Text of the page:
Gitta’s innovation Matibabu tests for malaria quickly, accurately and without drawing blood. Matibabu means ‘medical centre’ in Swahili.
A Ugandan computer scientist, Brain Gitta, has been named a finalist for African prize for engineering innovation.
Giita is among inventors of a device that detects malaria without drawing blood, a cheap and sustainable recycling method to recover precious metals, an innovative smart meter that gives consumers more control over energy use and a textbook-sized science lab for kids are the four engineering innovators chosen as finalists for the prestigious 2018 Africa Prize for Engineering Innovation.
Gitta's innovation Matibabu tests for malaria quickly, accurately and without drawing blood. Matibabu means ‘medical centre' in Swahili.
It is a low cost, reusable device that clips onto the user's finger. The results are available within one minute and no special expertise is required to operate it.
A red beam of laser light shone through the user's finger detects changes in the shape, colour and concentration of red blood cells, all of which are affected by malaria.
Gitta's team is working closely with a large local hospital to run tests, and academic papers document their innovative work.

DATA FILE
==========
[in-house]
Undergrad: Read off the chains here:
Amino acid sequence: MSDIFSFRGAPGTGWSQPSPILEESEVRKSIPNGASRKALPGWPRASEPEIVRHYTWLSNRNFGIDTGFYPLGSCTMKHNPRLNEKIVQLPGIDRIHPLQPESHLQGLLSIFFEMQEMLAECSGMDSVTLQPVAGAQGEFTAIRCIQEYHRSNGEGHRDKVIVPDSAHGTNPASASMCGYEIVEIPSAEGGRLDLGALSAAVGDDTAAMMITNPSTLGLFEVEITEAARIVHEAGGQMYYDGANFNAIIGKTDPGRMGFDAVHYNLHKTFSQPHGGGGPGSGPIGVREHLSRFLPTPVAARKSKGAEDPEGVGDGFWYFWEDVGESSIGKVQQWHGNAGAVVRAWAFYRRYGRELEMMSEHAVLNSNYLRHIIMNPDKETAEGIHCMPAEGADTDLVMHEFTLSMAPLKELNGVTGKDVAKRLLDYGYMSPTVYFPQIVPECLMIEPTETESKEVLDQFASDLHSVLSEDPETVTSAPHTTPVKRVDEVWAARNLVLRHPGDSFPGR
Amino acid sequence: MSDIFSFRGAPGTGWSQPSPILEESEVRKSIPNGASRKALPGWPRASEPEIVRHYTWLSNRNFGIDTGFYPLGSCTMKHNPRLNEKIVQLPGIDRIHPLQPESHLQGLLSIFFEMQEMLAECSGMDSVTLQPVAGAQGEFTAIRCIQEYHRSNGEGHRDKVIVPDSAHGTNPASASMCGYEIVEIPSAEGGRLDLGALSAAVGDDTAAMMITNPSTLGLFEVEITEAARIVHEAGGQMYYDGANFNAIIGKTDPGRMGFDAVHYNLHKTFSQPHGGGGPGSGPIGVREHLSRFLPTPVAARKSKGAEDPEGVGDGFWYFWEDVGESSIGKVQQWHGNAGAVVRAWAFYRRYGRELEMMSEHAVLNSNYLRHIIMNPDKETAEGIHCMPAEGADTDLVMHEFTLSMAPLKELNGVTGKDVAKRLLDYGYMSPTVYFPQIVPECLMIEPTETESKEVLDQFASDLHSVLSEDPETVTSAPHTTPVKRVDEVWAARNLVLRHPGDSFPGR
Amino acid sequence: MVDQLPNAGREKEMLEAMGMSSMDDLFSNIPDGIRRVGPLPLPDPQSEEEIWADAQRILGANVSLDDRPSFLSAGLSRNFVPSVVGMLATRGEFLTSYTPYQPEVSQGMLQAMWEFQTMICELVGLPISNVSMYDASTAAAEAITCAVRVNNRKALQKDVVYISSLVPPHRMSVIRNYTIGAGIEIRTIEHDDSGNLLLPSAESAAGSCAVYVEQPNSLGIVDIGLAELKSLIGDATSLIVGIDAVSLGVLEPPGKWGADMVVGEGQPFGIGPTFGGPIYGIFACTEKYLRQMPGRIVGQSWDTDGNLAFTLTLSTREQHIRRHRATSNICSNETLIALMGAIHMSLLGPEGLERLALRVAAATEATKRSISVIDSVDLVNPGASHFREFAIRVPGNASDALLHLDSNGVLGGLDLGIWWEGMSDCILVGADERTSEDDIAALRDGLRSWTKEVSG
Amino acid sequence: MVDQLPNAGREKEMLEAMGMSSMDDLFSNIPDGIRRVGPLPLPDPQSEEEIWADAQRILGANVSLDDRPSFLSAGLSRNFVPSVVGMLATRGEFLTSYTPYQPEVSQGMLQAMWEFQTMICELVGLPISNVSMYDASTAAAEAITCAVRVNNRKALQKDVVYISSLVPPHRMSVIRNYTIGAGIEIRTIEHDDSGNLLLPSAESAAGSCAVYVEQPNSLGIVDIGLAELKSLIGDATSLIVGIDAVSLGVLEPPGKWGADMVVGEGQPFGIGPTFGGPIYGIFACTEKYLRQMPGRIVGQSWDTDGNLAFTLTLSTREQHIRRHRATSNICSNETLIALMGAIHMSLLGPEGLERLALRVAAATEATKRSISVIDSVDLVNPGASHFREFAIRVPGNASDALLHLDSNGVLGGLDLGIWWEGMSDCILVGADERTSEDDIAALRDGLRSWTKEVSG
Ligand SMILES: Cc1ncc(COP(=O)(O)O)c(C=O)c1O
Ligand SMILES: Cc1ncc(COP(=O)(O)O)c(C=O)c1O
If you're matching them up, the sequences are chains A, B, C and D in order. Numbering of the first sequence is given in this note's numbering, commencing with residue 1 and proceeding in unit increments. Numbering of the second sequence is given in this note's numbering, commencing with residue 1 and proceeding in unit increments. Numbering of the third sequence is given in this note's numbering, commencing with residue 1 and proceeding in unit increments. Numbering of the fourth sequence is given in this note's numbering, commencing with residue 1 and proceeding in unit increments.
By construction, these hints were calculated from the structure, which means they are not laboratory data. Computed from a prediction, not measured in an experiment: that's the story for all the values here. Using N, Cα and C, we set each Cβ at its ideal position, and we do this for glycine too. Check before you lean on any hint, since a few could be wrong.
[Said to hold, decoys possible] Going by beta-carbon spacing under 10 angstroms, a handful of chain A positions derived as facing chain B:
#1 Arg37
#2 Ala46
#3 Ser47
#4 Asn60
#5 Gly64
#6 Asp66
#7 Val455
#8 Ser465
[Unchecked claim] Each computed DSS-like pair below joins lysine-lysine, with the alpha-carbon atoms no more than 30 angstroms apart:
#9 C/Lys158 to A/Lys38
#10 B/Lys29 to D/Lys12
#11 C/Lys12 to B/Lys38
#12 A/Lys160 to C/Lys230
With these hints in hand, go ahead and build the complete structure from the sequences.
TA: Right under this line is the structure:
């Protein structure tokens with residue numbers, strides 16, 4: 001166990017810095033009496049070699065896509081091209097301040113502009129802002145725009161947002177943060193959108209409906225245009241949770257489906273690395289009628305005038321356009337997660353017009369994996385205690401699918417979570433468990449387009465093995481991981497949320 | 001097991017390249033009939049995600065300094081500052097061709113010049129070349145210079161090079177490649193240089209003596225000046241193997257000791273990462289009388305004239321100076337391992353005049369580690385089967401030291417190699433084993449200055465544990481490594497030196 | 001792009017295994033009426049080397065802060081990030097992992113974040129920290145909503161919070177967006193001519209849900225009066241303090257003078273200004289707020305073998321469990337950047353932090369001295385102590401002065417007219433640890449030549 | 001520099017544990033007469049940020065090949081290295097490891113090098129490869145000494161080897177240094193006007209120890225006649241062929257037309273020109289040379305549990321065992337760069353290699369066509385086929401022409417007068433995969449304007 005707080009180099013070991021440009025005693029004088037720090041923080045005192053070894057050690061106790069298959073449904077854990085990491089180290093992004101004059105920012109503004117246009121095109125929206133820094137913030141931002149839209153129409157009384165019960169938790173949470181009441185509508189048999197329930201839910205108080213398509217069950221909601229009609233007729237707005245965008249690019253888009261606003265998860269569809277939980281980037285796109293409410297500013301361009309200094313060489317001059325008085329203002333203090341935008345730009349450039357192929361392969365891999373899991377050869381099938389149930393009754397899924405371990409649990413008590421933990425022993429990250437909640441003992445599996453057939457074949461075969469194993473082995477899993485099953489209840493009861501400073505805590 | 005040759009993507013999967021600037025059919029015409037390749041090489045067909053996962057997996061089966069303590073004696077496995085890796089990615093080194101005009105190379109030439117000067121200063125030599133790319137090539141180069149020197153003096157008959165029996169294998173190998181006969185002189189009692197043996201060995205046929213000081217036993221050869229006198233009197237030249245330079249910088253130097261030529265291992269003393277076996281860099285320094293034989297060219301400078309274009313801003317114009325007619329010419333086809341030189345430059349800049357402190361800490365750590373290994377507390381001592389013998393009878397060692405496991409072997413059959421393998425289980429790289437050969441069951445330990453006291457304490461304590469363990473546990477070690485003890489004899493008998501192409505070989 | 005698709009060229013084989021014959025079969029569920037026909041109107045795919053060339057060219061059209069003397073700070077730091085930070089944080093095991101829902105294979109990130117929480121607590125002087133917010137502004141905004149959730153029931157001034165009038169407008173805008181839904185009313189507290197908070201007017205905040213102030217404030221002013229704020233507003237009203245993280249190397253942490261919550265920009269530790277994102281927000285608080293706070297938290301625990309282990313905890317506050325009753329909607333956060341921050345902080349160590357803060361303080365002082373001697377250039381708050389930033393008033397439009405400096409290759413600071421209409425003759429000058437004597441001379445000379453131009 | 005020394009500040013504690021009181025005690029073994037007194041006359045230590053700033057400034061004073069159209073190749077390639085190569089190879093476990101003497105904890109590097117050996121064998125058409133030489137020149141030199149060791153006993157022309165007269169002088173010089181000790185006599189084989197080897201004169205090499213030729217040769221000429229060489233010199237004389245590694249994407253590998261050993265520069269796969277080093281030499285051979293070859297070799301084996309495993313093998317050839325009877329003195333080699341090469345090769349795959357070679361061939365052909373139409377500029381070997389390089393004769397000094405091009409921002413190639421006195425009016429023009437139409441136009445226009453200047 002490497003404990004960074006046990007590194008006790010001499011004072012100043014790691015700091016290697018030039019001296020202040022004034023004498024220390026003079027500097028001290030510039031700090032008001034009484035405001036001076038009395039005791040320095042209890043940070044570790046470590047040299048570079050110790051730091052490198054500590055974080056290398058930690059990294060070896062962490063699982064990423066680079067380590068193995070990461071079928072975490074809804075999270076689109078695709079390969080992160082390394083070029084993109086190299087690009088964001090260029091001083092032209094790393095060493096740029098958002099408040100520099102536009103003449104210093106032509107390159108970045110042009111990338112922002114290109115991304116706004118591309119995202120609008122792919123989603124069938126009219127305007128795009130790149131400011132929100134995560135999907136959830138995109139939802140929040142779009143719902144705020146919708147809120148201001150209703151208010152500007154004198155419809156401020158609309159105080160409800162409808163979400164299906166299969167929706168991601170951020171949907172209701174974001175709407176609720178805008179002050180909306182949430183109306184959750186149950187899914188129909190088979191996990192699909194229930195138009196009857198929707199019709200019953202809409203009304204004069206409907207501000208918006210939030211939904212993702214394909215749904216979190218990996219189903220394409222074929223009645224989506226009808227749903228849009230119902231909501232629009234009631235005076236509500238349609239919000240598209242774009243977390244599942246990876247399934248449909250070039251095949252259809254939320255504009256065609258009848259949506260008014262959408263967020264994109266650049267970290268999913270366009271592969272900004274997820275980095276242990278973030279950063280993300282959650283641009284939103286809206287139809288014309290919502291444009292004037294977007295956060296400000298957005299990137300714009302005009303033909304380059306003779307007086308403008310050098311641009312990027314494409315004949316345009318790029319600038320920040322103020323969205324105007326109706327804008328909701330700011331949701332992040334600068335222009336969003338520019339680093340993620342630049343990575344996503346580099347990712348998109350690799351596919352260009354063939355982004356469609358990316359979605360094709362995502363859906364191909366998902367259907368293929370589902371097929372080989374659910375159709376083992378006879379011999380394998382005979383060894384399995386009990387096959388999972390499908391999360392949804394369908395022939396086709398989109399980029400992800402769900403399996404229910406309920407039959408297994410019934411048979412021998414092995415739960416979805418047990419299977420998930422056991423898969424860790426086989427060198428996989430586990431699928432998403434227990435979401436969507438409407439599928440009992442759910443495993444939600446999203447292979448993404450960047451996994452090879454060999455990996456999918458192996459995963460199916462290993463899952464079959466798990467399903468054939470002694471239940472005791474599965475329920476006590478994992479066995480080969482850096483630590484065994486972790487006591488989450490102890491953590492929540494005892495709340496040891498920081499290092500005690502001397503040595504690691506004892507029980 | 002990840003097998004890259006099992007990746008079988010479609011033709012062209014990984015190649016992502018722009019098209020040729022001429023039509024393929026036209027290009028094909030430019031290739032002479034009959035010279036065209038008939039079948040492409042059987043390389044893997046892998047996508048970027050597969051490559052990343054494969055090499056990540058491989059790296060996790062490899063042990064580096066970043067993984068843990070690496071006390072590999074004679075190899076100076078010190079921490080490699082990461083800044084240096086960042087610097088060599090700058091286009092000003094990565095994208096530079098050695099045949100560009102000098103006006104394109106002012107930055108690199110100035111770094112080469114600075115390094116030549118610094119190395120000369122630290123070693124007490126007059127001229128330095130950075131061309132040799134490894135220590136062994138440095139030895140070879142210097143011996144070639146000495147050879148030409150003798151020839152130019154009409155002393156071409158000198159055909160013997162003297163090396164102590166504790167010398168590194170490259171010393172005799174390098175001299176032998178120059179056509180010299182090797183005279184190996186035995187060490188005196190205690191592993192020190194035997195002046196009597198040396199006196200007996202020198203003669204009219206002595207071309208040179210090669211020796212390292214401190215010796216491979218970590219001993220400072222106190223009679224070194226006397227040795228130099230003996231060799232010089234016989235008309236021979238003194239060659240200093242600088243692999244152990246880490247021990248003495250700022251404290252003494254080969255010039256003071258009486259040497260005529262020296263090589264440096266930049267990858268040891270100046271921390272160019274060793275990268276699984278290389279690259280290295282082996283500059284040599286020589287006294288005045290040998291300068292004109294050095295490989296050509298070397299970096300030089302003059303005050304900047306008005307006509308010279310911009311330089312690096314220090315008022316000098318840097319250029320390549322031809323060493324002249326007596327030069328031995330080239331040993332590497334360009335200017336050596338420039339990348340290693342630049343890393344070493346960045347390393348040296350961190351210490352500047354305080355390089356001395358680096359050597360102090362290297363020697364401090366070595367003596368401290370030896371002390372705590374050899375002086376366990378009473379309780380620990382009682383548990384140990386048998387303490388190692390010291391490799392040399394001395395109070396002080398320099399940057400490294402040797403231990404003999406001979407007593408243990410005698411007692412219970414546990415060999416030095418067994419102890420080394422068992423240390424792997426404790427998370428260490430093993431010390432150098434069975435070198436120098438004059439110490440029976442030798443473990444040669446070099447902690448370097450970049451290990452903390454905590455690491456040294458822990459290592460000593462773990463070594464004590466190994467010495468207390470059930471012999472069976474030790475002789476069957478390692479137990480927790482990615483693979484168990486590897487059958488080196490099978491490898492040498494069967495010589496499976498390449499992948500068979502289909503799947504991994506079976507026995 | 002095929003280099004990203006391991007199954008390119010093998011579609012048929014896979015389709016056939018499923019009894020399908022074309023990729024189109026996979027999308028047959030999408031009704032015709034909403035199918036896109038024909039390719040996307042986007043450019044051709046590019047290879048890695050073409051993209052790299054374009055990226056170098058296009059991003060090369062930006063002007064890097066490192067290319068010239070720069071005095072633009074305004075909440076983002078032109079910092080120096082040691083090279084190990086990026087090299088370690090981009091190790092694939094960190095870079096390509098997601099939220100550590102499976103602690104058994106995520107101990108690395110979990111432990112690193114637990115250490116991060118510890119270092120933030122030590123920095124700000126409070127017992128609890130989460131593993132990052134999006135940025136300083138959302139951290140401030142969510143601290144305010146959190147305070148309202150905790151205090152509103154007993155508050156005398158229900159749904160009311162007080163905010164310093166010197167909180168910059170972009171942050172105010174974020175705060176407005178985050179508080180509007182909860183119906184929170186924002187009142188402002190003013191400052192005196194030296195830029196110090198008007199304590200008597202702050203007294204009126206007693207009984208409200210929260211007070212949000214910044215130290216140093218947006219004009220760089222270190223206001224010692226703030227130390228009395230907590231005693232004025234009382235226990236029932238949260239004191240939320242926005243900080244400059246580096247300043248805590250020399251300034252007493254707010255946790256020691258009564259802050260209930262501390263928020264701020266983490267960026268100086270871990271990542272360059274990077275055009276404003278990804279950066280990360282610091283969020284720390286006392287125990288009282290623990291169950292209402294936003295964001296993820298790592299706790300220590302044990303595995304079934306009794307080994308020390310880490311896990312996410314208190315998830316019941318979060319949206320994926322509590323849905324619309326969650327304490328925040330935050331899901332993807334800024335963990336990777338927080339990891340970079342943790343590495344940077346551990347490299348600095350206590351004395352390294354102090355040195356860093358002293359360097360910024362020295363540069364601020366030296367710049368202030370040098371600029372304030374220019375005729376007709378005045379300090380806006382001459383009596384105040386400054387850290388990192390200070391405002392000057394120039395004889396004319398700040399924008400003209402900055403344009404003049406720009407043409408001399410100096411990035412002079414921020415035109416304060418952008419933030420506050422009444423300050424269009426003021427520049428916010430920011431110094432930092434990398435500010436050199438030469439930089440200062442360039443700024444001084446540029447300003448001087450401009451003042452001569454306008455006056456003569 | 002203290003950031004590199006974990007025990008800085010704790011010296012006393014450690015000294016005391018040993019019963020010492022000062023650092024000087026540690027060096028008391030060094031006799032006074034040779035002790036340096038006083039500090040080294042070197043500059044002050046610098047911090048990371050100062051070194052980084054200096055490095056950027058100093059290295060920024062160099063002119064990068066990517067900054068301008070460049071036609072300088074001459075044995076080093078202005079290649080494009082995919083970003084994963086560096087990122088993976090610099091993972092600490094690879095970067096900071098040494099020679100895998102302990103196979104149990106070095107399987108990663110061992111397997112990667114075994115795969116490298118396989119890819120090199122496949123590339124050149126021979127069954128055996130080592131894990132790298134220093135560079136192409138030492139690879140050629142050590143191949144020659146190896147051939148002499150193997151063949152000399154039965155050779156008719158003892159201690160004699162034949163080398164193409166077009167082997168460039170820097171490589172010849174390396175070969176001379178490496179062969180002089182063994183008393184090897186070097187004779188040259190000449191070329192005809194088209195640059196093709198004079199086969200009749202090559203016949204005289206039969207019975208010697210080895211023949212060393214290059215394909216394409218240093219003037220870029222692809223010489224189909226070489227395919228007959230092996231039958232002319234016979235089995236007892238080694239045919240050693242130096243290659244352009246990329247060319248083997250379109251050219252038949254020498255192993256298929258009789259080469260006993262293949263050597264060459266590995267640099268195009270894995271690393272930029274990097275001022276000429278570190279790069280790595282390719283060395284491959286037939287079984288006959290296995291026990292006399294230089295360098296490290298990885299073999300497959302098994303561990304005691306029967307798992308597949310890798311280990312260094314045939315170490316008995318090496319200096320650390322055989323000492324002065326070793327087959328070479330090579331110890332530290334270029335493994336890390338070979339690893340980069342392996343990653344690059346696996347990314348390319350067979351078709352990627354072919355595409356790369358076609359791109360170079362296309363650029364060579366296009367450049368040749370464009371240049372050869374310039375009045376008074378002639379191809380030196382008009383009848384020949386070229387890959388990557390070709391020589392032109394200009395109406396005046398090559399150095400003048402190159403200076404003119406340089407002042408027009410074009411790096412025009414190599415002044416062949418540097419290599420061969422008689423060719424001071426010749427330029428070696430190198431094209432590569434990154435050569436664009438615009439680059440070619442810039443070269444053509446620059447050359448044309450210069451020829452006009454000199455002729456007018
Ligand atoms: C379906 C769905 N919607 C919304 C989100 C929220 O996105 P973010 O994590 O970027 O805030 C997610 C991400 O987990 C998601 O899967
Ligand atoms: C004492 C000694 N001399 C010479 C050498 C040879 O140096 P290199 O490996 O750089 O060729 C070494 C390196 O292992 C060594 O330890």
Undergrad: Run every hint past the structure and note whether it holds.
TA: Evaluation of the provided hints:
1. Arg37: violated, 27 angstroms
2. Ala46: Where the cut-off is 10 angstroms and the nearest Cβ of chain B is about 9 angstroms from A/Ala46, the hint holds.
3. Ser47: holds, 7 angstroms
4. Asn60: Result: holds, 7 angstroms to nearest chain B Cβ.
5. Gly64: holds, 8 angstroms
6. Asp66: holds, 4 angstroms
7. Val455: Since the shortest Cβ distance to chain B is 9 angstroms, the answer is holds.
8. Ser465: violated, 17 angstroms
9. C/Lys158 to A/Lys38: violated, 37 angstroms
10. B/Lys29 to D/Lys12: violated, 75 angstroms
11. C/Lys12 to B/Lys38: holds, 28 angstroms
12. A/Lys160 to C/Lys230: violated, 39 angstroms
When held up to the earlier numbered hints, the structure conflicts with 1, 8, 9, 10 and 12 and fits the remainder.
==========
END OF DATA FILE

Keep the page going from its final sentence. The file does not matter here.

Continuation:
Other finalists come from Ghana, Nigeria, and Zimbabwe, with the latter working in South Africa. They were chosen for engineering innovations that provide new solutions.
"All four of our finalists have found novel ways to address critical challenges in their home countries - in fact, problems that are faced all over the world," said Africa prize judge, Rebecca Enonchong.
"We're proud to be part of the development of world-class African technologies, and to support emerging African entrepreneurs."
The finalists were selected from a pool of 16 shortlisted candidates from seven countries spanning sub-Saharan Africa. For the first time, Zimbabwe and Ghana are represented by Africa Prize finalists.
"All 16 candidates have received tailored business mentorship, developing skills that last a lifetime. Engineers are among the best problem solvers in the world - and it's imperative that we support those who embark on business ventures that advance technology in all fields," added Enonchong.
Africa Prize innovations have made an impact in a variety of countries and sectors, addressing problems like climate change, food security, utilities infrastructure, and access to transport and education. The 2018 finalists tackle challenges in STEM education, household energy use, responsible resource use in the automotive industry and appropriate medical technologies for Africa.
Of the 400,000 global deaths every year due to malaria, 90% are in sub-Saharan Africa. Malaria kills more children under five in this region than HIV. All available tests for malaria require blood samples, which are invasive, expensive and time-consuming, and rely on well-resourced laboratories.